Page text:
Digitalisation is a game-changer set to reshape the world as we know it. It goes beyond IT and ushers in the fourth industrial revolution that is taking place at the crossroads of technology, human behaviour and market transformation.
The changes affect the higher education landscape the same as the rest of the world. Conventional modes of higher education are called into question, as the generation of digital natives develop new expectations and abilities, the need for lifelong learning grows, agile and international online learning opportunities become available, higher education institutions are shaking up their established division of responsibilities, the digitalisation of the humanities is moving forward, and artificial intelligence and robotics are advancing rapidly.
Previous research has demonstrated that digitally mature organisations are committed to promoting digital competencies and attitudes among their personnel. They tend to prefer operating models that foster internal and external collaboration and embrace a culture of corporate risk-taking. Research has shown that people prefer to work in organisations that are known as forerunners of digitalisation. Mature communities are especially seeking to change or renew their activities by developing digital visions or strategies. The creation of a bold digital transformation programme should not be based on the current state but a backcasting approach whereby one starts by defining a vision and then looks back to assess what is needed to get there.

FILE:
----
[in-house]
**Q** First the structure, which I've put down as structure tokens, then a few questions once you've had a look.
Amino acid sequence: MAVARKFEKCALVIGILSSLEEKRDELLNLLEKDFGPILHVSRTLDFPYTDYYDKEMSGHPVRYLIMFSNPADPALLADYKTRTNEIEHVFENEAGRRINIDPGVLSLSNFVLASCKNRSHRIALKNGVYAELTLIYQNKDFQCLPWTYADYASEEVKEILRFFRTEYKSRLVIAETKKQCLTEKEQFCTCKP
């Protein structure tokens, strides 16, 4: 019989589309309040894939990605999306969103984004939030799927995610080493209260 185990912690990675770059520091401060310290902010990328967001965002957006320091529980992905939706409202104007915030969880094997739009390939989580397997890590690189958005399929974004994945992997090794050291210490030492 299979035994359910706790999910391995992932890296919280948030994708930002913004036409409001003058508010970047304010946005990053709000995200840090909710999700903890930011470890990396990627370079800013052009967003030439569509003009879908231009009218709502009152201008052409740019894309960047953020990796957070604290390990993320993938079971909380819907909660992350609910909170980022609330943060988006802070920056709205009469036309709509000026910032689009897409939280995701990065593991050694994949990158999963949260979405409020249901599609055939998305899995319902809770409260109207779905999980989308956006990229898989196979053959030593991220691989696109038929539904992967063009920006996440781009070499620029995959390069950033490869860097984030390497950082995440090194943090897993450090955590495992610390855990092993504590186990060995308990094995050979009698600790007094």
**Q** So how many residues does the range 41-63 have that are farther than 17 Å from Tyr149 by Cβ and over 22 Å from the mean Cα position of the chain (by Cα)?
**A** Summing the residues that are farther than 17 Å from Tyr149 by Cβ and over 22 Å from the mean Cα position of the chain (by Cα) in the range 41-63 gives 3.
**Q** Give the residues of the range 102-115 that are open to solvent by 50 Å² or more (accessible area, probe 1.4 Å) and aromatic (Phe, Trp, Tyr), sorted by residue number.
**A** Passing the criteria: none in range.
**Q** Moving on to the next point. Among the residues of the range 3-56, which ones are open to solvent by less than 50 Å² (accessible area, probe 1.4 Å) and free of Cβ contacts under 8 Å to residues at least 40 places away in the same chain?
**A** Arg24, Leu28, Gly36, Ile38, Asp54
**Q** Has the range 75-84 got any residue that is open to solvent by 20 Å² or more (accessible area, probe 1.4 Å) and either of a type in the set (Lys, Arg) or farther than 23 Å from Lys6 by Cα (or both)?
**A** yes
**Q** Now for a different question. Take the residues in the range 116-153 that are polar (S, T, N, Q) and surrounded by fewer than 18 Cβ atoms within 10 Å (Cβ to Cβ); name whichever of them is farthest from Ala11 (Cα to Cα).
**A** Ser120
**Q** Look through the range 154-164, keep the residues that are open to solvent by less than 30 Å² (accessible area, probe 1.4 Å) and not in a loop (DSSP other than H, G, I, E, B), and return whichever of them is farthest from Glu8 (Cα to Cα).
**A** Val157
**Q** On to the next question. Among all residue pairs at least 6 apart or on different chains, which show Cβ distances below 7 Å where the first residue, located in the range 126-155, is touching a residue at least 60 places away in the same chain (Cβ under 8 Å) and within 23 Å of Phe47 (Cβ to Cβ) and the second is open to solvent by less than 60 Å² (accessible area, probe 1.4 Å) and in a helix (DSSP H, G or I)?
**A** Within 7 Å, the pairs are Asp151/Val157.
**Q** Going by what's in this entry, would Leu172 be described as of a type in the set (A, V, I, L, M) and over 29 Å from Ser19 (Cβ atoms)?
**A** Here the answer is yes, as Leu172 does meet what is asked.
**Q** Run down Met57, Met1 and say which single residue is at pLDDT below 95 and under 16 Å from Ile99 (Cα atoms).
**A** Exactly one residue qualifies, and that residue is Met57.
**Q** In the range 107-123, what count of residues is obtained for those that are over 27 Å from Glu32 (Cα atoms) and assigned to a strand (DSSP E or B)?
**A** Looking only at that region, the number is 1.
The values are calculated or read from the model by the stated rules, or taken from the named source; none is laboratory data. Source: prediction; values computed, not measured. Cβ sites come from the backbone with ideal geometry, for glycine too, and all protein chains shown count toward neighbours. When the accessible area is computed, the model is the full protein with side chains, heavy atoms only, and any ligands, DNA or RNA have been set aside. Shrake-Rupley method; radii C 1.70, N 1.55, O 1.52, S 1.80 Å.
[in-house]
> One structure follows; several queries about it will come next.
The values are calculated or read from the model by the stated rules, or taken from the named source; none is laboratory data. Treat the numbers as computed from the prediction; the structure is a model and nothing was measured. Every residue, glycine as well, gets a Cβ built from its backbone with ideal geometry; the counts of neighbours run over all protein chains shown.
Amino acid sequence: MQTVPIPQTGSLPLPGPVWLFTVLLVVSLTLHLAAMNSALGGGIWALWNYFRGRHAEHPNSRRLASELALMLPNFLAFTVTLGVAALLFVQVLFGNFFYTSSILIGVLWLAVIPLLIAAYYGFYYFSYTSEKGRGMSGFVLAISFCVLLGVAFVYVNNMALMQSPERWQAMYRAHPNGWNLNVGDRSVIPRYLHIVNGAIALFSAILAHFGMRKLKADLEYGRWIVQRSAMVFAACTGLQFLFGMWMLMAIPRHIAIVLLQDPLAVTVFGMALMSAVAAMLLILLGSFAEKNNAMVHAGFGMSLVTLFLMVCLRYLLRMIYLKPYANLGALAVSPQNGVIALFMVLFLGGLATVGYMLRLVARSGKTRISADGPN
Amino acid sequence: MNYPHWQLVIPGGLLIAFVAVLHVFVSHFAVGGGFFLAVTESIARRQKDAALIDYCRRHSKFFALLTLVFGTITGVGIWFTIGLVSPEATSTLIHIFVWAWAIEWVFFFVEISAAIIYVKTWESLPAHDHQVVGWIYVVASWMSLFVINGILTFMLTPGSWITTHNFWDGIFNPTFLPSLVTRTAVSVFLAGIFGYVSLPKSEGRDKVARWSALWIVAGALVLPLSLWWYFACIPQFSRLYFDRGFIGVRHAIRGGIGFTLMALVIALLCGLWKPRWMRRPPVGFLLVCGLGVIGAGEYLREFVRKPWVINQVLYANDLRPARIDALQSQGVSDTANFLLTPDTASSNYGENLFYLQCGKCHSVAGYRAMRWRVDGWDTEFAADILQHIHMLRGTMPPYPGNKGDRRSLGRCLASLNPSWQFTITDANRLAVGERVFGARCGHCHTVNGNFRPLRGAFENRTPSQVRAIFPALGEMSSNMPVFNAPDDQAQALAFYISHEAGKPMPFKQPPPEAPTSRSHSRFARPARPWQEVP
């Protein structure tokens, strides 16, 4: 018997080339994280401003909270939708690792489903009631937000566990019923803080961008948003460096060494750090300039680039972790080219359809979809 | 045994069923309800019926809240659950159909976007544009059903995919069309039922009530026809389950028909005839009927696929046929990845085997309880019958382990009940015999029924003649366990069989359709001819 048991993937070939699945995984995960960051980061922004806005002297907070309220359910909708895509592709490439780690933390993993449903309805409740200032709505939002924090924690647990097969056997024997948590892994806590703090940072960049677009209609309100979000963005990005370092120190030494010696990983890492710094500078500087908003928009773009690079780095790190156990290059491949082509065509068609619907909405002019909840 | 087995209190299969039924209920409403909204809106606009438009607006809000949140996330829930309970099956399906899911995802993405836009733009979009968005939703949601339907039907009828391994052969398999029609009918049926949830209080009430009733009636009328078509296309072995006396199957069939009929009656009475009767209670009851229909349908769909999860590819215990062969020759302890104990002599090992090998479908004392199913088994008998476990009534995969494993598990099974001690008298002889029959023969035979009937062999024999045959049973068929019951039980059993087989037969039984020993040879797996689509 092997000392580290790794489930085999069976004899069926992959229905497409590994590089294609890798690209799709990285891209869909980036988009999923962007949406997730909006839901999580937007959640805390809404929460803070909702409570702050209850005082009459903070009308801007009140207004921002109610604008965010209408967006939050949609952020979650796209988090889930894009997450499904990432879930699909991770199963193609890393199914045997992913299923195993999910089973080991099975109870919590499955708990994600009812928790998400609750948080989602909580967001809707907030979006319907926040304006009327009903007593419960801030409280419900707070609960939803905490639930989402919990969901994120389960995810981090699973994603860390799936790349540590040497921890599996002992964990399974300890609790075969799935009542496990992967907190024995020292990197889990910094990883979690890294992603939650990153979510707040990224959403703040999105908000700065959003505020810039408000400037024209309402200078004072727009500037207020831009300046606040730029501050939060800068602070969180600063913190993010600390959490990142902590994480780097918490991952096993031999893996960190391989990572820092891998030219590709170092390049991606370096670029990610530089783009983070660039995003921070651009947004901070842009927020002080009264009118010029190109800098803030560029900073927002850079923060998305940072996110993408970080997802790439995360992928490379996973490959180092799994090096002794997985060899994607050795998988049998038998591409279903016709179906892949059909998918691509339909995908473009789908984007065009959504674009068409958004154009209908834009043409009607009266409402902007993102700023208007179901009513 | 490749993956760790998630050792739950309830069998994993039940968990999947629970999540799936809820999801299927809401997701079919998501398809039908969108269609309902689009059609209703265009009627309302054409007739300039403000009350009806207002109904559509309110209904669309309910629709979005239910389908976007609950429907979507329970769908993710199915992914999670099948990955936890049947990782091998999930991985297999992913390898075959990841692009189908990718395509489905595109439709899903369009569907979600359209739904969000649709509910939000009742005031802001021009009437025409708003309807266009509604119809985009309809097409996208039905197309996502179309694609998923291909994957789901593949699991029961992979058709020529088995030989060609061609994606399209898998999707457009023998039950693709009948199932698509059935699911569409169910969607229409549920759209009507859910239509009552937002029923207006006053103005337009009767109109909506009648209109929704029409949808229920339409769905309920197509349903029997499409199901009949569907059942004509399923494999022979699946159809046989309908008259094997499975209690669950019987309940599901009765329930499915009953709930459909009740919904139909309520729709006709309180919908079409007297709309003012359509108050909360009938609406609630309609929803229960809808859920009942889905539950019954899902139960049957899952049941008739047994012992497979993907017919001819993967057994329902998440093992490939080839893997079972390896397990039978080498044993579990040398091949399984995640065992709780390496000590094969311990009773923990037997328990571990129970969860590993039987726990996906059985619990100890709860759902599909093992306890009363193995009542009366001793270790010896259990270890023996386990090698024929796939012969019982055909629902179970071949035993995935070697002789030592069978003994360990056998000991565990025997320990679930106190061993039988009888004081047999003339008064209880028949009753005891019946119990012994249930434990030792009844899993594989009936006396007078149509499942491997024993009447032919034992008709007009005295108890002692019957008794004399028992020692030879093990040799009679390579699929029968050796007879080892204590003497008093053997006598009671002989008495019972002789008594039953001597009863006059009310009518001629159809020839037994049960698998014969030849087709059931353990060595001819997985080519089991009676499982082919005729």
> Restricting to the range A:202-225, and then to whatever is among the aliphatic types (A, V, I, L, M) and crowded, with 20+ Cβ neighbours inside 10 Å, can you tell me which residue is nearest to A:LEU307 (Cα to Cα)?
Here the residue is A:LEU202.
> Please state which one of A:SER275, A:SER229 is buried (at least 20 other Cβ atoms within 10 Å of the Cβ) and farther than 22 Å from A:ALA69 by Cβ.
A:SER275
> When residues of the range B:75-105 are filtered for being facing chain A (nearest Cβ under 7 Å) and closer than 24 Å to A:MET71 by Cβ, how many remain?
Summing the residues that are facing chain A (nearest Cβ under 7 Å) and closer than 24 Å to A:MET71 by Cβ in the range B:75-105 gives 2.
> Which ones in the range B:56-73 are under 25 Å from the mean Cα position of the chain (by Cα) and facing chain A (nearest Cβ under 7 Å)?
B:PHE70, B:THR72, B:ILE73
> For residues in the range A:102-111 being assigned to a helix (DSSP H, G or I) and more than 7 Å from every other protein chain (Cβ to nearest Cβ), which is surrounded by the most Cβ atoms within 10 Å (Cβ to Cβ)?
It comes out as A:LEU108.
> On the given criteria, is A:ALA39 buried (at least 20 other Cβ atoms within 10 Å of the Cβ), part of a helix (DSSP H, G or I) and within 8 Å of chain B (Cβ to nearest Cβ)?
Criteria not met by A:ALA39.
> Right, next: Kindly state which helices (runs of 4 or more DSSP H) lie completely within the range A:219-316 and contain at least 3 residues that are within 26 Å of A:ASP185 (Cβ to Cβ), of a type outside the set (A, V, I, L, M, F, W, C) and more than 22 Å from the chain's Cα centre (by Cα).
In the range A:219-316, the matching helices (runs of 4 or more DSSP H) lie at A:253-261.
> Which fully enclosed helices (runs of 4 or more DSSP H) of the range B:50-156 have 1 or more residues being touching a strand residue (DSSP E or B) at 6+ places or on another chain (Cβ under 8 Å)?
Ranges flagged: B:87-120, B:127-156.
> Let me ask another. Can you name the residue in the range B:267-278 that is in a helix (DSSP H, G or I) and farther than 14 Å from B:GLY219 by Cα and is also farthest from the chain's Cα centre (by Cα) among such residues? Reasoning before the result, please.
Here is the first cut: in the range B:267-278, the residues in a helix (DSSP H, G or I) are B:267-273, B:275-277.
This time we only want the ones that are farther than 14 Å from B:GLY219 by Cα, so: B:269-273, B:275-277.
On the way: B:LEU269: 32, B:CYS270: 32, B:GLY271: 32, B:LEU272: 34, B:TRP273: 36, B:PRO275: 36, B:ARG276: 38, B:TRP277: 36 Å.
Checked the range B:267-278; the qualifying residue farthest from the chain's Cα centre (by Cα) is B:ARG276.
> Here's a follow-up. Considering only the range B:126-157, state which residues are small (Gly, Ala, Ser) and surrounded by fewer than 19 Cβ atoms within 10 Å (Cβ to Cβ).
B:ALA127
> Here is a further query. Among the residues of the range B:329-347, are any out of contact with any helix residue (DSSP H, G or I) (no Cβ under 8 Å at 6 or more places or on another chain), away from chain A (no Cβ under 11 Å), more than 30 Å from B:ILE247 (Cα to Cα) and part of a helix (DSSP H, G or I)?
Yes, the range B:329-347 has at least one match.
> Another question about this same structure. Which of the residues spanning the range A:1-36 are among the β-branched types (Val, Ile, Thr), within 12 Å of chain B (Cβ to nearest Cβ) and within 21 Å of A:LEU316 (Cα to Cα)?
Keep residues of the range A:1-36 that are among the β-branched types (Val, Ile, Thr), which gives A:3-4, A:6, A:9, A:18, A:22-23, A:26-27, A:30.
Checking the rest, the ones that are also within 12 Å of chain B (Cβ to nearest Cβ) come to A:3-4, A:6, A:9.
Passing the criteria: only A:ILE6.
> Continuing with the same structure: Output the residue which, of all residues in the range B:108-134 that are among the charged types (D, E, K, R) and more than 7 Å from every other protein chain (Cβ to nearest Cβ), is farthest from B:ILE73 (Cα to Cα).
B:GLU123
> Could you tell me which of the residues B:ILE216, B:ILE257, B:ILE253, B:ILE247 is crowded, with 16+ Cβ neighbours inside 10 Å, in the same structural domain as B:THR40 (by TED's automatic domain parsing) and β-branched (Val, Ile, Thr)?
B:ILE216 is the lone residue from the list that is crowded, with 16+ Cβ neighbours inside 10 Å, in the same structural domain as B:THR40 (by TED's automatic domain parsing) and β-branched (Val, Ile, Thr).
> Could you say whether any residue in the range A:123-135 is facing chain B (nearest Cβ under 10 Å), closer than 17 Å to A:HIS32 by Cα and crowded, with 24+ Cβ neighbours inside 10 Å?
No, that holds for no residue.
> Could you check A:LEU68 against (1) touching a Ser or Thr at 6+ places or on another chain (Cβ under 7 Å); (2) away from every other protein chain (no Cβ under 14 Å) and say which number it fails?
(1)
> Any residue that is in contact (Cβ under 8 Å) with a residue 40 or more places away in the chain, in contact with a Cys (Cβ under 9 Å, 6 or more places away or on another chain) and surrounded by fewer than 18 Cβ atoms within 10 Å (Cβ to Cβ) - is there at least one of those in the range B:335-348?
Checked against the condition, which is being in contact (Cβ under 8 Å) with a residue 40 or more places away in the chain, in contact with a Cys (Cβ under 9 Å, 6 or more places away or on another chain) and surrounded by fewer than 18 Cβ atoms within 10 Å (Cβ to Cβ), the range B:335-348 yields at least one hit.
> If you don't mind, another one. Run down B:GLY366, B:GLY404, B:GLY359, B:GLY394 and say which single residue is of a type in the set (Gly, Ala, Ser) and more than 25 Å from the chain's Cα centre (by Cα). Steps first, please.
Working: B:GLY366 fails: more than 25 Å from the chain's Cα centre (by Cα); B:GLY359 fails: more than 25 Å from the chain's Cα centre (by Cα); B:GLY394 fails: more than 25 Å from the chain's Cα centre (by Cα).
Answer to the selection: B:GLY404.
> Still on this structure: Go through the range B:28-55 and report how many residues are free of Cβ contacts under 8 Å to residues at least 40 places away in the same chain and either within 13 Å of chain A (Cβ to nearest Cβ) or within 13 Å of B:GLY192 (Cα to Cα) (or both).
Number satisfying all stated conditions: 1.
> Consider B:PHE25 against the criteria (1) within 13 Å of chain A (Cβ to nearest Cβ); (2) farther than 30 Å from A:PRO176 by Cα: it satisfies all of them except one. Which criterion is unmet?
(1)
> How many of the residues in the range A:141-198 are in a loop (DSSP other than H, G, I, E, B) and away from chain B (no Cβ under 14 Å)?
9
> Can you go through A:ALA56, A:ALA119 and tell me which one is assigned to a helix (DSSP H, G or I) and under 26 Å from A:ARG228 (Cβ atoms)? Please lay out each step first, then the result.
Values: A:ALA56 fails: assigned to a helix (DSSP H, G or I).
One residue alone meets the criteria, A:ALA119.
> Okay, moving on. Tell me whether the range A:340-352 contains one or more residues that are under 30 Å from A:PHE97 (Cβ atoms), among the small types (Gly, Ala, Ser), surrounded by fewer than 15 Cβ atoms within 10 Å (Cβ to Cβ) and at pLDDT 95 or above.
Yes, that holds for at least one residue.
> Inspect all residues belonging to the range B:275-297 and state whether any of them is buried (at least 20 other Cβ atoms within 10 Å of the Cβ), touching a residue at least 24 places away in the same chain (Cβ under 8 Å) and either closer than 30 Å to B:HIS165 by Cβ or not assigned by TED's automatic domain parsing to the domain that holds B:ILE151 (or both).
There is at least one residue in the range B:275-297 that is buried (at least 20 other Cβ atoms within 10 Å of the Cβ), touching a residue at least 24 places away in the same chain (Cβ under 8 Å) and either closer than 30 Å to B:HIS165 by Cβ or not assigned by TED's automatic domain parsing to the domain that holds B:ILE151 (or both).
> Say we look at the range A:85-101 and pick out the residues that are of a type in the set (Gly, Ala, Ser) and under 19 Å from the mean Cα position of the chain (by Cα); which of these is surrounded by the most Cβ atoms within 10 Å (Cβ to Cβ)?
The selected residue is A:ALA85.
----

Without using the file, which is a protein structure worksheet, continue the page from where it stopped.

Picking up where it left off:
The ‘Tampere3 Digivision 2023’ project is carried out to envision the opportunities that the digital transformation will open up for our higher education community in the 2020s. The digital vision is based on the general Tampere3-wide strategy and designed to support the achievement of our educational and research visions.
The project team will have the digital vision and related priority areas defined before autumn 2018. Concrete action plans will be drawn up later this year. Our team involves broad representation from our higher education community as well as external stakeholders.
An important part of the project is the identification of priority areas in which to focus our efforts and resources. The following themes have been brought up: temporal and spatial flexibility for employees, flexible study options that accommodate personal needs, automated routine tasks, measures to promote open science, and easy collaboration between external stakeholders and the members of our community. Further overarching themes are the development of digital competencies among staff and students and the creation of a bolder culture of experimentation.
The ongoing project has been an inspiring process that has allowed us to delve into trends that are expected to take off in the next decade and boldly explore visions for our future. I want to thank all the internal and external stakeholders who have contributed to the process by participating in our workshops and surveys.
Tampere3/Project Director, ICT
Photo: Jenni Toivonen